Following revelations of poor management of an agency that assists the elderly and disabled, Ventura County supervisors Friday said they intend to strip a 9% raise recently awarded to the elected official who oversees the public guardian's office.
Supervisors Steve Bennett, John Flynn and Kathy Long said they would vote Tuesday to take back a $12,900 increase that the board approved earlier this week for Treasurer-Tax Collector Larry Matheney.
"Larry's responsible for the oversight and management of public guardian issues, and he simply didn't do his job," Flynn said. "It's inconsistent with good government to award a raise."
The public guardian is a small agency charged with handling the finances and assets of about 300 elderly and disabled clients.
At this week's board meeting, Matheney reported alarming management failures inside the agency.
Oversight was so lax, he told supervisors, that agency credit cards were passed around, record-keeping was shoddy and no employee reviews were done.
Problems didn't come to light until last year, when the district attorney's office brought embezzlement charges against a caseworker accused of stealing pension checks from elderly clients. Two other county employees have since been charged with related crimes.
Matheney's report was meant to update the supervisors on reforms he has instituted to prevent future abuses. But its candor, especially coming from the man with primary oversight of the guardian's office, surprised the supervisors.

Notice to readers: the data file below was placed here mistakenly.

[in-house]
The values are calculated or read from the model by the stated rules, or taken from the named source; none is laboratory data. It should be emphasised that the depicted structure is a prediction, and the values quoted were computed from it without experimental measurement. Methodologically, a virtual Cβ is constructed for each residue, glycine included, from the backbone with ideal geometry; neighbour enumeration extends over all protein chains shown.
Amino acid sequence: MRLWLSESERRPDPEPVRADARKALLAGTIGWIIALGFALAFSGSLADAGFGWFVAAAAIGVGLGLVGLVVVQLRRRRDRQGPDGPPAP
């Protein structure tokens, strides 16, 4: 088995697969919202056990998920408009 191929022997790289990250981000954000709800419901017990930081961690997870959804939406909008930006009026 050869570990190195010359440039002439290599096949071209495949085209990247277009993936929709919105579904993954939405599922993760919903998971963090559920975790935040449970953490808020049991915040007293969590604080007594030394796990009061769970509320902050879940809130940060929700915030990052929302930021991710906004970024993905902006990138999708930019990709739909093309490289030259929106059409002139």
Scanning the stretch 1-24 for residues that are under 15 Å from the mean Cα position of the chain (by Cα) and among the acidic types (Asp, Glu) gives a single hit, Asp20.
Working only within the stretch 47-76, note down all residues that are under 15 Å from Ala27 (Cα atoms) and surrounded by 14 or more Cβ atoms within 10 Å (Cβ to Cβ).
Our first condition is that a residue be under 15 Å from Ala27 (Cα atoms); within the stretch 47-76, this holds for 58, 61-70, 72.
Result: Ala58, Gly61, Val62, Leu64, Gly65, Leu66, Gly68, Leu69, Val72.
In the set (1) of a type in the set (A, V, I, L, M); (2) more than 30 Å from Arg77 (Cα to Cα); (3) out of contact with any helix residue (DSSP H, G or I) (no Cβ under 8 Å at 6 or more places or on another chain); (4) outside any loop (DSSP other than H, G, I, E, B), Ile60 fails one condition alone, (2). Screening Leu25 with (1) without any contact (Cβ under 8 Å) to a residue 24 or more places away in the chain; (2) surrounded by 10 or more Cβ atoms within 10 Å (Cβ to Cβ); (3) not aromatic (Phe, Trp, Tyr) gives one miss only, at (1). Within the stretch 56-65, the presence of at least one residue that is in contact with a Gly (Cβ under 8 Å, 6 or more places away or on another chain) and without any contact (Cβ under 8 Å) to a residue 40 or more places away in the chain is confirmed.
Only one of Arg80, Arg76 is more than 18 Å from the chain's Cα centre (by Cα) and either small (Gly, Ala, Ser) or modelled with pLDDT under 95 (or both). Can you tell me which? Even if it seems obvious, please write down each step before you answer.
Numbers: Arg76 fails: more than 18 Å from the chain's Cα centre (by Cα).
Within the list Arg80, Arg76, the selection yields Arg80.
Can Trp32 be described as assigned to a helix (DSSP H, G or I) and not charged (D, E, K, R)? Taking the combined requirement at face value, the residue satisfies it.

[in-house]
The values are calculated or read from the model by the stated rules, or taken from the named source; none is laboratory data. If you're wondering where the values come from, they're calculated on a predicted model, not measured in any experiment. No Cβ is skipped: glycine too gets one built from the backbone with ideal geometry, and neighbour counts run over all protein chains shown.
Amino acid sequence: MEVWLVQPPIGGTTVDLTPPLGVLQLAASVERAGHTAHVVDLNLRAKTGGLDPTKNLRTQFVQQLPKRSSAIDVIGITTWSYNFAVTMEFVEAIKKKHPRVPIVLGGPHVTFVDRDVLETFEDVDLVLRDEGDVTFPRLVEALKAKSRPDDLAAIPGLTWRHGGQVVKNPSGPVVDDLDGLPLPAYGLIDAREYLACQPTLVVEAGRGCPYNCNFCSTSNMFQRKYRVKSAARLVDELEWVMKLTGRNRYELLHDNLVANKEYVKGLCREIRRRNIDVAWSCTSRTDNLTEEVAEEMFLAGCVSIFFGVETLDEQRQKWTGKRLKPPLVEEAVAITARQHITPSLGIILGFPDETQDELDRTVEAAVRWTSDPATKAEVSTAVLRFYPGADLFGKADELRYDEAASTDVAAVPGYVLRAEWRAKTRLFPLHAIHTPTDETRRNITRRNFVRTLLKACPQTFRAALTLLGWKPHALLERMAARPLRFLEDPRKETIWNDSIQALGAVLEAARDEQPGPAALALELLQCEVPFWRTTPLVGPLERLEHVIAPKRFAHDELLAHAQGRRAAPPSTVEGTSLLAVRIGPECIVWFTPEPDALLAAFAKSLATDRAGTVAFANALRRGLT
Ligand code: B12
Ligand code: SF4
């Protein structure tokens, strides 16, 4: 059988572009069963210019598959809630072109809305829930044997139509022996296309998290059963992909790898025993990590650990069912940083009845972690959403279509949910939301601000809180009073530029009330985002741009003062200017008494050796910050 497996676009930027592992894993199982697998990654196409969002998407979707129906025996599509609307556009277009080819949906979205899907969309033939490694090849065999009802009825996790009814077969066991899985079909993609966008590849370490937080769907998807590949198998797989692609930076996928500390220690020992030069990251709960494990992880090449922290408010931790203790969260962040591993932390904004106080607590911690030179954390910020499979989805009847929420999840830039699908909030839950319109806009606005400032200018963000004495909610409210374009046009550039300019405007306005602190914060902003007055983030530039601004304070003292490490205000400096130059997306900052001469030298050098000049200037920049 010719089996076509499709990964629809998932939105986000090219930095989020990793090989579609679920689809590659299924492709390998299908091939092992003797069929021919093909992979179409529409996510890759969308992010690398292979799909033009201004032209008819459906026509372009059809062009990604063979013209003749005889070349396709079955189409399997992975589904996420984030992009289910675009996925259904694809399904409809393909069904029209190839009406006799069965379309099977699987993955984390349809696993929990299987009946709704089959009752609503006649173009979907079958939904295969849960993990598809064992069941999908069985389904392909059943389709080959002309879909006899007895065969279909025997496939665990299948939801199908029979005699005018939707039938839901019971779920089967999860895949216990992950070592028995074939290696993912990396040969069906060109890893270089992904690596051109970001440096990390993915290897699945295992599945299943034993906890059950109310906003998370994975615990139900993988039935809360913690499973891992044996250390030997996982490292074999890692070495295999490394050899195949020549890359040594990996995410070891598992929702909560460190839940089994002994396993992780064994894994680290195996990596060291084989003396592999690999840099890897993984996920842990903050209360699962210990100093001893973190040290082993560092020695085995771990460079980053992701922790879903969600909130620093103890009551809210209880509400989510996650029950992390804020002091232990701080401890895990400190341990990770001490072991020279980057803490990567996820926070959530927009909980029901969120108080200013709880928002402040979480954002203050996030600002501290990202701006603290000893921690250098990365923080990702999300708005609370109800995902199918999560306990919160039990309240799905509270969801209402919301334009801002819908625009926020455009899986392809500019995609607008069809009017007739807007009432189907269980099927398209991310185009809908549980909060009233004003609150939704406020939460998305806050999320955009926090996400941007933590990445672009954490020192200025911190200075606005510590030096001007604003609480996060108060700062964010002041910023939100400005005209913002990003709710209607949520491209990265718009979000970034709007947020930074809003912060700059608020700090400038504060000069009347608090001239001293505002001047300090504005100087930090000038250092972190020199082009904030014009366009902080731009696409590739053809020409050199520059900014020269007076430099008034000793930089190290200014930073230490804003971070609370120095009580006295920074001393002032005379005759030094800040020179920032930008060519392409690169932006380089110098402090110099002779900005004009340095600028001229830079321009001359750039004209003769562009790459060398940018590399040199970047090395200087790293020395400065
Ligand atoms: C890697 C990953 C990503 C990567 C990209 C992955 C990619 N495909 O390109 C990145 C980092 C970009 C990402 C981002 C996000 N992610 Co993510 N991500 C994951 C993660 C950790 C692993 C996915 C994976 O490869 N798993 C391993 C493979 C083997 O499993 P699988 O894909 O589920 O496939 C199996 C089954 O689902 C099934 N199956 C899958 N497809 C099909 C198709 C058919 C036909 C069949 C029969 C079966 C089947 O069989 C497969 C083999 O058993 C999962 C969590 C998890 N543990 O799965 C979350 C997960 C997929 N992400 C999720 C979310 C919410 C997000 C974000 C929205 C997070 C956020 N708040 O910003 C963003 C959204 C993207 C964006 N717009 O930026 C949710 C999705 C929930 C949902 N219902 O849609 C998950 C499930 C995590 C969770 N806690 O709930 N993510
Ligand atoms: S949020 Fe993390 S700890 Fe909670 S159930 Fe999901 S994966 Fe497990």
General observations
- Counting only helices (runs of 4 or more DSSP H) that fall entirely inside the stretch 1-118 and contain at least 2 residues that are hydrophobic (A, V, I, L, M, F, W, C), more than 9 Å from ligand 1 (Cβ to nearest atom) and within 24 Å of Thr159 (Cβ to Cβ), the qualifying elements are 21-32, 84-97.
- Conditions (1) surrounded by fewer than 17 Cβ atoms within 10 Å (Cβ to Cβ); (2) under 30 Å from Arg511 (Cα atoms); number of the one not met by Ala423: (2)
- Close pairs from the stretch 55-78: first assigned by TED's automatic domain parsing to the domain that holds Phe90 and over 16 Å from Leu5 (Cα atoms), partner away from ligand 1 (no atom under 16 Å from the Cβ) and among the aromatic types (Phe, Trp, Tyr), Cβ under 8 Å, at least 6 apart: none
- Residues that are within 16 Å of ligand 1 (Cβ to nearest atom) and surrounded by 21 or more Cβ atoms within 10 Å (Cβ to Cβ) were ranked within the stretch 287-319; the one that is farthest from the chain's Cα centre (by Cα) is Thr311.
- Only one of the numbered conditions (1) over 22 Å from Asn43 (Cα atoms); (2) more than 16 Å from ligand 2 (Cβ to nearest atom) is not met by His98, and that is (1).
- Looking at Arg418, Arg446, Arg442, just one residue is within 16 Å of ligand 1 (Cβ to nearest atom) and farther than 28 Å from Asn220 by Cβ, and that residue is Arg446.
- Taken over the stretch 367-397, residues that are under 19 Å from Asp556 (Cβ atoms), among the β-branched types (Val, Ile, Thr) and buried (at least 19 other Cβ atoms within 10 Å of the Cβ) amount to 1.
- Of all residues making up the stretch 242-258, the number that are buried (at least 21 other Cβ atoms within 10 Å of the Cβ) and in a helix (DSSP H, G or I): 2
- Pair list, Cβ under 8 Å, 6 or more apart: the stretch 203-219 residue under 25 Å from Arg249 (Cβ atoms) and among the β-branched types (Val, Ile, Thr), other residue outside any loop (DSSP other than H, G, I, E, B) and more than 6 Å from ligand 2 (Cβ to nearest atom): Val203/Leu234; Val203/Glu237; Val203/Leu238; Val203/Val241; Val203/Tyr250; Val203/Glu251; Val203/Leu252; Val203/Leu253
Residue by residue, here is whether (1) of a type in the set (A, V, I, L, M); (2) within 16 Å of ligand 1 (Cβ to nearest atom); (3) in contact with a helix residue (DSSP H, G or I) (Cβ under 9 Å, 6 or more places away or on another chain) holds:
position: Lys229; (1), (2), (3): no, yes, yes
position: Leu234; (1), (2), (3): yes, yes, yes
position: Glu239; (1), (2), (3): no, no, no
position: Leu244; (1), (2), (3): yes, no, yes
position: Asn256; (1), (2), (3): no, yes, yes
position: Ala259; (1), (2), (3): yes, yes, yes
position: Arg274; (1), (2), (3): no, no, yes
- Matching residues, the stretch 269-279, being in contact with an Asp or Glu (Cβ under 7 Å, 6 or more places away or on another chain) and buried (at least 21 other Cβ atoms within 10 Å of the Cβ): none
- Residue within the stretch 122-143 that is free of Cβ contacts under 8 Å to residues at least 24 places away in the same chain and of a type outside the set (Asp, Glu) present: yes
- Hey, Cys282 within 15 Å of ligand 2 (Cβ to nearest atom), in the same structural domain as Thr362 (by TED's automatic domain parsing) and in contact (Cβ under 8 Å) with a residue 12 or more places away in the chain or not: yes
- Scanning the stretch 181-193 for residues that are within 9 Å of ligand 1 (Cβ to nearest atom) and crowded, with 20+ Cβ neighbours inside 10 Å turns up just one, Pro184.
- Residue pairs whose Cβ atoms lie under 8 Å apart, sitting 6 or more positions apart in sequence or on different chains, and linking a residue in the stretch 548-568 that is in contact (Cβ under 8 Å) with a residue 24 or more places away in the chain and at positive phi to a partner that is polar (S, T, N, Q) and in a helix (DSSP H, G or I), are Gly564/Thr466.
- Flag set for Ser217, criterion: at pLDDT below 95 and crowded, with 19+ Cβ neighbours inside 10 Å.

Board Chairwoman Linda Parks called it the "damning government report." After a short break, the Board of Supervisors then voted on a $5.3-million package of salary increases for management-level employees.
Matheney's increase was part of that upgrade.
"We made a mistake," Bennett said of the 4-1 vote approving the raise. "Quite frankly, I was so focused on how horrendous his report was that I wasn't concentrating on the item before us."
Parks was the dissenting vote. She said she wanted to delay the item for a week after hearing a concern from a grand juror.
A day after their vote, Bennett and Long placed an item on next week's Board of Supervisor's agenda asking that the raise be rescinded. On Thursday, Matheney sent a letter to the board saying he would not fight the decision.
In a separate e-mail, Matheney acknowledged that the candor of his report had put board members in an "awkward position."
"I am very much at peace with the correctness of rescinding the raise," he wrote. "It is in the best interests of the public we all serve."
Matheney earns $143,000 a year to oversee three basic government functions: collecting property taxes, investing $1.3 billion in county funds and providing conservator services for elderly and disabled clients. He oversees a combined workforce of 49.
He won election to the post in 2002 and was reelected in June with no challengers. When word of his 9% raise got out, some citizens responded by calling for his resignation.
Matheney hasn't signaled that he is considering that option.
Some of the supervisors said they intended to take a closer look at his other operations and demand outside audits of all departments regularly.
Supervisor Long said she was stunned by the "total lack of oversight" that Matheney outlined in his report. If he was an appointed manager, she said, the board would very seriously consider firing him.
She stopped short of calling for his resignation.
"That's up to his conscience and the voters," Long said.